For the simple reason of not wanting to write about the unentertaining wackiness the Filipino community gossips are I’ll share my thoughts about books that kept me company the month before. The thing is, this gig is not necessarily a book review or its ilk. Like what I’ve mentioned 18 words ago, I’ll share my thoughts about books that kept me company the month before.
I hope you’d still put up with another monthly thing.
1. We’ll Meet Again
By: Mary Higgins Clark
A blood-drenched wife with all the good reason to murder his philandering husband lost all her recollections at the time of the crime. But her finger prints were all over the place. After spending five years behind bars she began to vaguely recall that someone else was there when his husband was killed.
It’s always true that no matter how Chowking or your neighbor with dirty finger nails mixes your halo halo, every glass will always have crushed ice, milk and sugar. Similarly, every Mary Higgins Clarks I’ve read has a murder or two; a very unlikely but very circumstantially guilty suspect; a very likely but slightly circumstantially guilty suspect and my wrong guess. The rest are colorful fruits. Nevertheless this familiar halo halo is teeming with all the MHC skill I’ve come to love.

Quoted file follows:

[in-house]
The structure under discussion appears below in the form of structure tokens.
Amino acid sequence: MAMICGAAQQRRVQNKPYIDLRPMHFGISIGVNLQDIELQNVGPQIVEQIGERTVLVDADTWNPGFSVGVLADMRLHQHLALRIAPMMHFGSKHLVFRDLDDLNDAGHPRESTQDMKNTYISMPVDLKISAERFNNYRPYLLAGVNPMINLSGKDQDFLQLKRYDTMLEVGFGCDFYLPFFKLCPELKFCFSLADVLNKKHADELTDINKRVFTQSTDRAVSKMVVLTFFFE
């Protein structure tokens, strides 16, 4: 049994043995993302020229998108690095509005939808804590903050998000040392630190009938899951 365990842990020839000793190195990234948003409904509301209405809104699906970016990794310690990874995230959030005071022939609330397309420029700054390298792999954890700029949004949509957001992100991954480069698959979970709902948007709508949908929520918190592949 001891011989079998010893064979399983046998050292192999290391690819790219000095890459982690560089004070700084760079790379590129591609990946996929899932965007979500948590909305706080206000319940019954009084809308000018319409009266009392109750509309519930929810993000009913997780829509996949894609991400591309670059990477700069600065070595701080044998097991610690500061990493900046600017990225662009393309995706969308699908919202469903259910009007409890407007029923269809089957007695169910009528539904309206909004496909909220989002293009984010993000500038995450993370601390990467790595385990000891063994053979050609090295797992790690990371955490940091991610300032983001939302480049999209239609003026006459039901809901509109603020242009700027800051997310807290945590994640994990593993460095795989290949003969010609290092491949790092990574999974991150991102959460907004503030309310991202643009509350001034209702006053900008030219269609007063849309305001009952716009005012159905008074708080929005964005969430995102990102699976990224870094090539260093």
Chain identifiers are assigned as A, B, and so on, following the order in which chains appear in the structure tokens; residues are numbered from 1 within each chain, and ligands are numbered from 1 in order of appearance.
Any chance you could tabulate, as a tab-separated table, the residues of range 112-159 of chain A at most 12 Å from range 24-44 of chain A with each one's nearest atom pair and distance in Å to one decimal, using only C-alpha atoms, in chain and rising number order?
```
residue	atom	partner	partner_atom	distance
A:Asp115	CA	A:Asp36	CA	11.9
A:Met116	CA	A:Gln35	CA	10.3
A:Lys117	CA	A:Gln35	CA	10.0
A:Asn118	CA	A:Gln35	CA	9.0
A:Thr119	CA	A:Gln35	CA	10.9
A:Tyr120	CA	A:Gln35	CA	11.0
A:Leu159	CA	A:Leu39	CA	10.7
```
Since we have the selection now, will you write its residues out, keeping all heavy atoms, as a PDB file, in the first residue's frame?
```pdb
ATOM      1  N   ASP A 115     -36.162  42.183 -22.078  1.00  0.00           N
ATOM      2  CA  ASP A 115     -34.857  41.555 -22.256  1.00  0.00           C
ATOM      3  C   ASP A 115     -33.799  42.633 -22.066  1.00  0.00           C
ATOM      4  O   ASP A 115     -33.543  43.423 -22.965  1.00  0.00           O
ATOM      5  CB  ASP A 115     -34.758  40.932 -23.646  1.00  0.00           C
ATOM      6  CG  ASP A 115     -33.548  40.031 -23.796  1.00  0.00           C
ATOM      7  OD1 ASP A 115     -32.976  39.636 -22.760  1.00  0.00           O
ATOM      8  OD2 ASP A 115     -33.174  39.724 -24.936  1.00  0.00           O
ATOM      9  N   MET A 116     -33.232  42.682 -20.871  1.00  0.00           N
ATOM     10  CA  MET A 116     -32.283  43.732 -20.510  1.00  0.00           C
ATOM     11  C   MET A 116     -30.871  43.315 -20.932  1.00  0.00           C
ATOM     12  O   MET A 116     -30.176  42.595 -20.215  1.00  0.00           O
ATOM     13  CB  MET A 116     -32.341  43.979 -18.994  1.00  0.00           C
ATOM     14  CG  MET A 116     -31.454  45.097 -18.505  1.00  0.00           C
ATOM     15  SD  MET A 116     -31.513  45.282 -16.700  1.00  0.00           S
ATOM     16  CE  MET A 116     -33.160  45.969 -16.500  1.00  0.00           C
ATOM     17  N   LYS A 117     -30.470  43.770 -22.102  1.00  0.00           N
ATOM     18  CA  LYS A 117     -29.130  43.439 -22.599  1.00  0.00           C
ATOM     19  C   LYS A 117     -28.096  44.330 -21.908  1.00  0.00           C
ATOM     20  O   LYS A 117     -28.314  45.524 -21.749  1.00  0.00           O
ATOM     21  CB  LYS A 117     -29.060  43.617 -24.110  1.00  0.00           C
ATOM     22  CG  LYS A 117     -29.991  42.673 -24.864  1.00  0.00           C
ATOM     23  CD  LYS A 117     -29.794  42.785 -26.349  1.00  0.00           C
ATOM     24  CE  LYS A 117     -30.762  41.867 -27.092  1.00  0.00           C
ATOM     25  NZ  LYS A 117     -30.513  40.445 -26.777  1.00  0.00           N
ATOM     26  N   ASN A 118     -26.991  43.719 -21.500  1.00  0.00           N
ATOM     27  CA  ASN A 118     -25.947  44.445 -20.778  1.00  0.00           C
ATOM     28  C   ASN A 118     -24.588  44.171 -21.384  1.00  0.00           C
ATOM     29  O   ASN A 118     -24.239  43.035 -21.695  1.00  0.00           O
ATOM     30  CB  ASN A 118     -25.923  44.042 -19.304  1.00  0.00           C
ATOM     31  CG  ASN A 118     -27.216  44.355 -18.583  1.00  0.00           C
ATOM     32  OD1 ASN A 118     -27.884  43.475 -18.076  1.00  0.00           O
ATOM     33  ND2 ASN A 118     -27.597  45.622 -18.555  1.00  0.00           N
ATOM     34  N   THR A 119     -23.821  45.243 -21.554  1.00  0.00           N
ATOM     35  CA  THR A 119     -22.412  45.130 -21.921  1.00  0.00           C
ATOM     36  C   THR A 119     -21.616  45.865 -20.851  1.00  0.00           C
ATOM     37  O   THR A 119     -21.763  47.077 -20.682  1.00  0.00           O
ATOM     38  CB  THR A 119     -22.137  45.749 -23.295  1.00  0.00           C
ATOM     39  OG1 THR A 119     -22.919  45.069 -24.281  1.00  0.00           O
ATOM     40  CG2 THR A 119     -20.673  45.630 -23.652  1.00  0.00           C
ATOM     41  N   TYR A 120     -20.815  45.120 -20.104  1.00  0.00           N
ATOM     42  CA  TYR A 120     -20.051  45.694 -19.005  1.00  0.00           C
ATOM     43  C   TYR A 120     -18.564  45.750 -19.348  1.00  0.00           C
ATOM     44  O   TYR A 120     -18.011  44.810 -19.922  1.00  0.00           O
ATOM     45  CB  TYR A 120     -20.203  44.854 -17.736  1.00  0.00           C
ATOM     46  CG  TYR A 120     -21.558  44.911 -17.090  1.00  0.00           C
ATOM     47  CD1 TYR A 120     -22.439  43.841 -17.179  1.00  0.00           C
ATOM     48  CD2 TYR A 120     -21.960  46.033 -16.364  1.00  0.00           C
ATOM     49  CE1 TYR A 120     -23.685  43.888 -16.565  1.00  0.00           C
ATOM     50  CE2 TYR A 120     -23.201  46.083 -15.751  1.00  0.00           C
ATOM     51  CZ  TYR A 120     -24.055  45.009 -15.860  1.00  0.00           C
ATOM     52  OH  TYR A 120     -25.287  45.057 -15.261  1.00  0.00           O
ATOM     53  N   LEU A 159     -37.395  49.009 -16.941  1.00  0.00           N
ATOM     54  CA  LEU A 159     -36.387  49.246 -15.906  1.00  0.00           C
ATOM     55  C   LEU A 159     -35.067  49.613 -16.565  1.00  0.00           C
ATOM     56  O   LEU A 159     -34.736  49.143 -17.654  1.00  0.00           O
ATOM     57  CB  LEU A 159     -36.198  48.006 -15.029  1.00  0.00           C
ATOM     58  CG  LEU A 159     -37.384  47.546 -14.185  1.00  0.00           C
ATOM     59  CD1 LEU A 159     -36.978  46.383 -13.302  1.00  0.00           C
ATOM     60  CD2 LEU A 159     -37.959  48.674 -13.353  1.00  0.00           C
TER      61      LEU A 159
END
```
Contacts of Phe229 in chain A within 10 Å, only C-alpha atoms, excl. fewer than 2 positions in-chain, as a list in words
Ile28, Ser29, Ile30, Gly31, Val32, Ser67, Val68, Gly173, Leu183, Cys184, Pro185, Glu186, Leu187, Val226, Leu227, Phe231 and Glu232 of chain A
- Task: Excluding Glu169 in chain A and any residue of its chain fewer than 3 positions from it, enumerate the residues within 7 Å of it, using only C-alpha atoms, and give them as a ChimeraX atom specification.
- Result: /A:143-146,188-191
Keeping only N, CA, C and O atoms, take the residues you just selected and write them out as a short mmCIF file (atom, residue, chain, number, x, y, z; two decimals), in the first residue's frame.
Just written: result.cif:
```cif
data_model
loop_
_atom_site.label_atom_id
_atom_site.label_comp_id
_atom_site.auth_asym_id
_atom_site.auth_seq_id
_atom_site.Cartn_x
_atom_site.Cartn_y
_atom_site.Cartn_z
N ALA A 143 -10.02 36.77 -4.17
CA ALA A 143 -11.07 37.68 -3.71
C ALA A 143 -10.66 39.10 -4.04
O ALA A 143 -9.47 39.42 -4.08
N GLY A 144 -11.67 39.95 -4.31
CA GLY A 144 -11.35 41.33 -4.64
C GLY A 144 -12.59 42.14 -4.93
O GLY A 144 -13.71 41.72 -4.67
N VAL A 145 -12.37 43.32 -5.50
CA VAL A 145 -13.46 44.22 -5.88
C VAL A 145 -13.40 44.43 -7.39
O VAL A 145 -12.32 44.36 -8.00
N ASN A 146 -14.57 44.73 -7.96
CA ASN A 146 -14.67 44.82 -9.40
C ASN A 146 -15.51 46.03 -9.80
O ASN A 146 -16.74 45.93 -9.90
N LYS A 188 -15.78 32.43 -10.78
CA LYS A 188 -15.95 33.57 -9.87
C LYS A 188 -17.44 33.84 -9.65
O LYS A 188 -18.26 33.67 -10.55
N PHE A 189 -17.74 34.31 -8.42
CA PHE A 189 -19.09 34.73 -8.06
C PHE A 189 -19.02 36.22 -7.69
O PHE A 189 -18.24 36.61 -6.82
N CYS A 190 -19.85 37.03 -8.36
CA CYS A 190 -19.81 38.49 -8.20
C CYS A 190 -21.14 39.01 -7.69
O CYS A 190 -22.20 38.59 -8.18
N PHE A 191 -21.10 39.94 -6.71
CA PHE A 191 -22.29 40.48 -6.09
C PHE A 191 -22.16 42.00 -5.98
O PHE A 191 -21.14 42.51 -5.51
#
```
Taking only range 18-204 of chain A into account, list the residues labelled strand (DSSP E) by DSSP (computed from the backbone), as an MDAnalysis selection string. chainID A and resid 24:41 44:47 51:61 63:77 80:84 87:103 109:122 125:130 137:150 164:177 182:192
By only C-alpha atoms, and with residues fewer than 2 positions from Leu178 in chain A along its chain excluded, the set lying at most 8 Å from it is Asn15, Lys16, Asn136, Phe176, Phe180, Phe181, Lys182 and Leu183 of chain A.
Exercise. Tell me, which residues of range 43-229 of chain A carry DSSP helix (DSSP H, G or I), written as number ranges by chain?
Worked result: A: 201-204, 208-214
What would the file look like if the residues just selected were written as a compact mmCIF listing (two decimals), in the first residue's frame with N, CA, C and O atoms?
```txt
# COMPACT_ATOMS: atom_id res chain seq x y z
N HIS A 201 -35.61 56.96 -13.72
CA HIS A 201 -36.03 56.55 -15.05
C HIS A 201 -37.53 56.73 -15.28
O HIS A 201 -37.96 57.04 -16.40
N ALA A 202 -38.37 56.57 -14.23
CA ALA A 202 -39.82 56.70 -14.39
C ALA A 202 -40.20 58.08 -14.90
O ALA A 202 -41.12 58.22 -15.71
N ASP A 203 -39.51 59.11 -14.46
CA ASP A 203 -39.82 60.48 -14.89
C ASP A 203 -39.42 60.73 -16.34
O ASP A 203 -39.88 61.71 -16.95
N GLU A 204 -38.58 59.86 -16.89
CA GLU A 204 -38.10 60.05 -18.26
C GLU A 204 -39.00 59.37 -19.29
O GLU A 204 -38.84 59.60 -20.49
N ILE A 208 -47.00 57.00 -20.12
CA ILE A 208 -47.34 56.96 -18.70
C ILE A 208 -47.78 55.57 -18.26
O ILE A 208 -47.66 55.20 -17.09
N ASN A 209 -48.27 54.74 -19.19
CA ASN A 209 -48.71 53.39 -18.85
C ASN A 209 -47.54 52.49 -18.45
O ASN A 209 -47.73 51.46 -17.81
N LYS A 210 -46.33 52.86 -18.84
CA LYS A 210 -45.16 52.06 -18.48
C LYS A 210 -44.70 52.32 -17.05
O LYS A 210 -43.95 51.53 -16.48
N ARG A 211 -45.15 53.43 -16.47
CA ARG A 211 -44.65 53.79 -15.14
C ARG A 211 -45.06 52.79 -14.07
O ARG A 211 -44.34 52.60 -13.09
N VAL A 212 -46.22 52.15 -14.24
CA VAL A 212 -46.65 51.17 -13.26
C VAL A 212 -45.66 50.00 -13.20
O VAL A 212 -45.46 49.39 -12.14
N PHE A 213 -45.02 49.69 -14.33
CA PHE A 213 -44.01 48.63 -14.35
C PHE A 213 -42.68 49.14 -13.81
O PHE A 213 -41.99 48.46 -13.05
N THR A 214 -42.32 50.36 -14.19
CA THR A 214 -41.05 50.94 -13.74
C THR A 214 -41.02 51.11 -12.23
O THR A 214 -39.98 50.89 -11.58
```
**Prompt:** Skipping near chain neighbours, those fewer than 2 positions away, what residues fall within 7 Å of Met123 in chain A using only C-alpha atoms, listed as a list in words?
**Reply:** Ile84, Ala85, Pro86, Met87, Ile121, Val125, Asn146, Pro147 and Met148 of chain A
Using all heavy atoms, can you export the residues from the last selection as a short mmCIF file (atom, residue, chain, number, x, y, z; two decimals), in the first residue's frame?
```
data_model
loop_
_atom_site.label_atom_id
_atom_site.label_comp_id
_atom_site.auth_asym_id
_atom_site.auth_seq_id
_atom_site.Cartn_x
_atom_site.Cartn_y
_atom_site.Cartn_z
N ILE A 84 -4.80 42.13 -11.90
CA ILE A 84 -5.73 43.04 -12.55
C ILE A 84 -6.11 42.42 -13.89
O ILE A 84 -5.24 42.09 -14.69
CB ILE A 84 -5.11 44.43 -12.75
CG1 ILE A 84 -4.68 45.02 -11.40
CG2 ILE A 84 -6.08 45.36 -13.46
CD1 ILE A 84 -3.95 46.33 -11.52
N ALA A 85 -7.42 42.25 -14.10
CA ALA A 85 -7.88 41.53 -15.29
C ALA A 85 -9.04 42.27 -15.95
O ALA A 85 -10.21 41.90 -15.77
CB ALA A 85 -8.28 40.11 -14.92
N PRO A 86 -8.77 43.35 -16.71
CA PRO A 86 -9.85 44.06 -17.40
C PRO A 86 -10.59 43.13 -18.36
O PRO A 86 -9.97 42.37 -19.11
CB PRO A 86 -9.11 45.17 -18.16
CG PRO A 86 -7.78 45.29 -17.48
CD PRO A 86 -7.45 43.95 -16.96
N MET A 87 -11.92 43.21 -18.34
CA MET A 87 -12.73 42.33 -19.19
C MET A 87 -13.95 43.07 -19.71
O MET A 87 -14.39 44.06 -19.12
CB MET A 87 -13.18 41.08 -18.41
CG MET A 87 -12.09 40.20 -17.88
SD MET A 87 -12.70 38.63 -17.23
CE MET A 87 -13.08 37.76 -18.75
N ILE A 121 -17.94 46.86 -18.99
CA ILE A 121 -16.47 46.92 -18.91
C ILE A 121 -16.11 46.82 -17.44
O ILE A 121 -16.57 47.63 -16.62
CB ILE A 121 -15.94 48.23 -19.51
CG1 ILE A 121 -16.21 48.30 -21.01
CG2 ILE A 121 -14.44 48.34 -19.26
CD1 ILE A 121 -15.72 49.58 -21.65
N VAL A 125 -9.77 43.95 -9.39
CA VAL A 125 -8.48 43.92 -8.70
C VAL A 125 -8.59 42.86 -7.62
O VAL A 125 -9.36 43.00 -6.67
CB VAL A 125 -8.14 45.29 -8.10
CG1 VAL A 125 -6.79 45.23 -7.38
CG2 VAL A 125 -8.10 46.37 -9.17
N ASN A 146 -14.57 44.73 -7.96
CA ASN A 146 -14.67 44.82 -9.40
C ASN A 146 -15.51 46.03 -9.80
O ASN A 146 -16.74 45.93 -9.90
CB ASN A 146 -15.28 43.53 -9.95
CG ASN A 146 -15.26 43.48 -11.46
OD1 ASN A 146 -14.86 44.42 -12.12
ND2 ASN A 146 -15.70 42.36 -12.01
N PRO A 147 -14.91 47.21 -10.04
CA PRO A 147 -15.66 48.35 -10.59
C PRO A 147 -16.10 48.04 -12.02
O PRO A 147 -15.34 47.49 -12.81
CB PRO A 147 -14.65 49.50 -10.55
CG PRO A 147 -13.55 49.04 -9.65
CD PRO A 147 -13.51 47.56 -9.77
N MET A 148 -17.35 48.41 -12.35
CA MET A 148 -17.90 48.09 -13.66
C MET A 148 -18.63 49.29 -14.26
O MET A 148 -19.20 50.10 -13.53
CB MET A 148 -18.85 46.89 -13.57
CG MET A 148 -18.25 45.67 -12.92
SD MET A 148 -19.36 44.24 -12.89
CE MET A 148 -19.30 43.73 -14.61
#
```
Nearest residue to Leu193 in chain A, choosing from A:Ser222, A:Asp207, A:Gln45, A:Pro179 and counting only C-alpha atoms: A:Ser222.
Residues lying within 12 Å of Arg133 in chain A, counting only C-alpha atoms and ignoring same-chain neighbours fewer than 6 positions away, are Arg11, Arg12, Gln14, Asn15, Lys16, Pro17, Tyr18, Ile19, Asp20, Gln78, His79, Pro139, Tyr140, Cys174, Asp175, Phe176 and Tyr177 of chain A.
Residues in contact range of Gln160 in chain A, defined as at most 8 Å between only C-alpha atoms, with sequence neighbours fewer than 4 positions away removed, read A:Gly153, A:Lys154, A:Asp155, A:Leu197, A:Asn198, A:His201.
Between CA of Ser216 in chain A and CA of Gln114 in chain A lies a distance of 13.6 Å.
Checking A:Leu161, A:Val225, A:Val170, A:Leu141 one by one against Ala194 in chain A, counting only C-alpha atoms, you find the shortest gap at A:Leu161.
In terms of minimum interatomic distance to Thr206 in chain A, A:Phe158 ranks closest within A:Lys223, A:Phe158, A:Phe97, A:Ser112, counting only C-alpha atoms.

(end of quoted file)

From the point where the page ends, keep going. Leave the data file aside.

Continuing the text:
Mother-of-two Kris Aquino claims that she’d read every single novel of Ms. Clark. If her fondness of the “Queen of Suspense” has nothing to do with the thrill she gets from trial run-ing men producing a Joshua, syphilis, and Yap Jr. as a result, then none of us is the wiser.
2. The Twist
By: Olivia Goldsmith
Murder is another way of dealing with a Casanova husband. A wife-mistress swap is another. Sylvie wants the old romance back; her look-alike Mistress Marla wants a husband. To pull it off the switcheroo that is, it helps that wife and the mistress can pass for as twins.
“The Twist” is another hilarious scuffle on the issues of monogamy and middle life crisis from the same writer who brought us “The First Wives Club”.
Ms. Goldsmith has written 30.
3. Infamous Murderers
By: Rodney Castleden
I mistook the book to be biographies of slayers, butchers and killers. It turned out to be the kind of stuff for police academy freshmen. The writer tackled the merits of the crimes more than it probed on the personalities involved.
Mr. Castleden’s diligence in highlighting the flaws of these imperfect murders makes this a good read for those who plan to fool-proof their own.
11 May 2007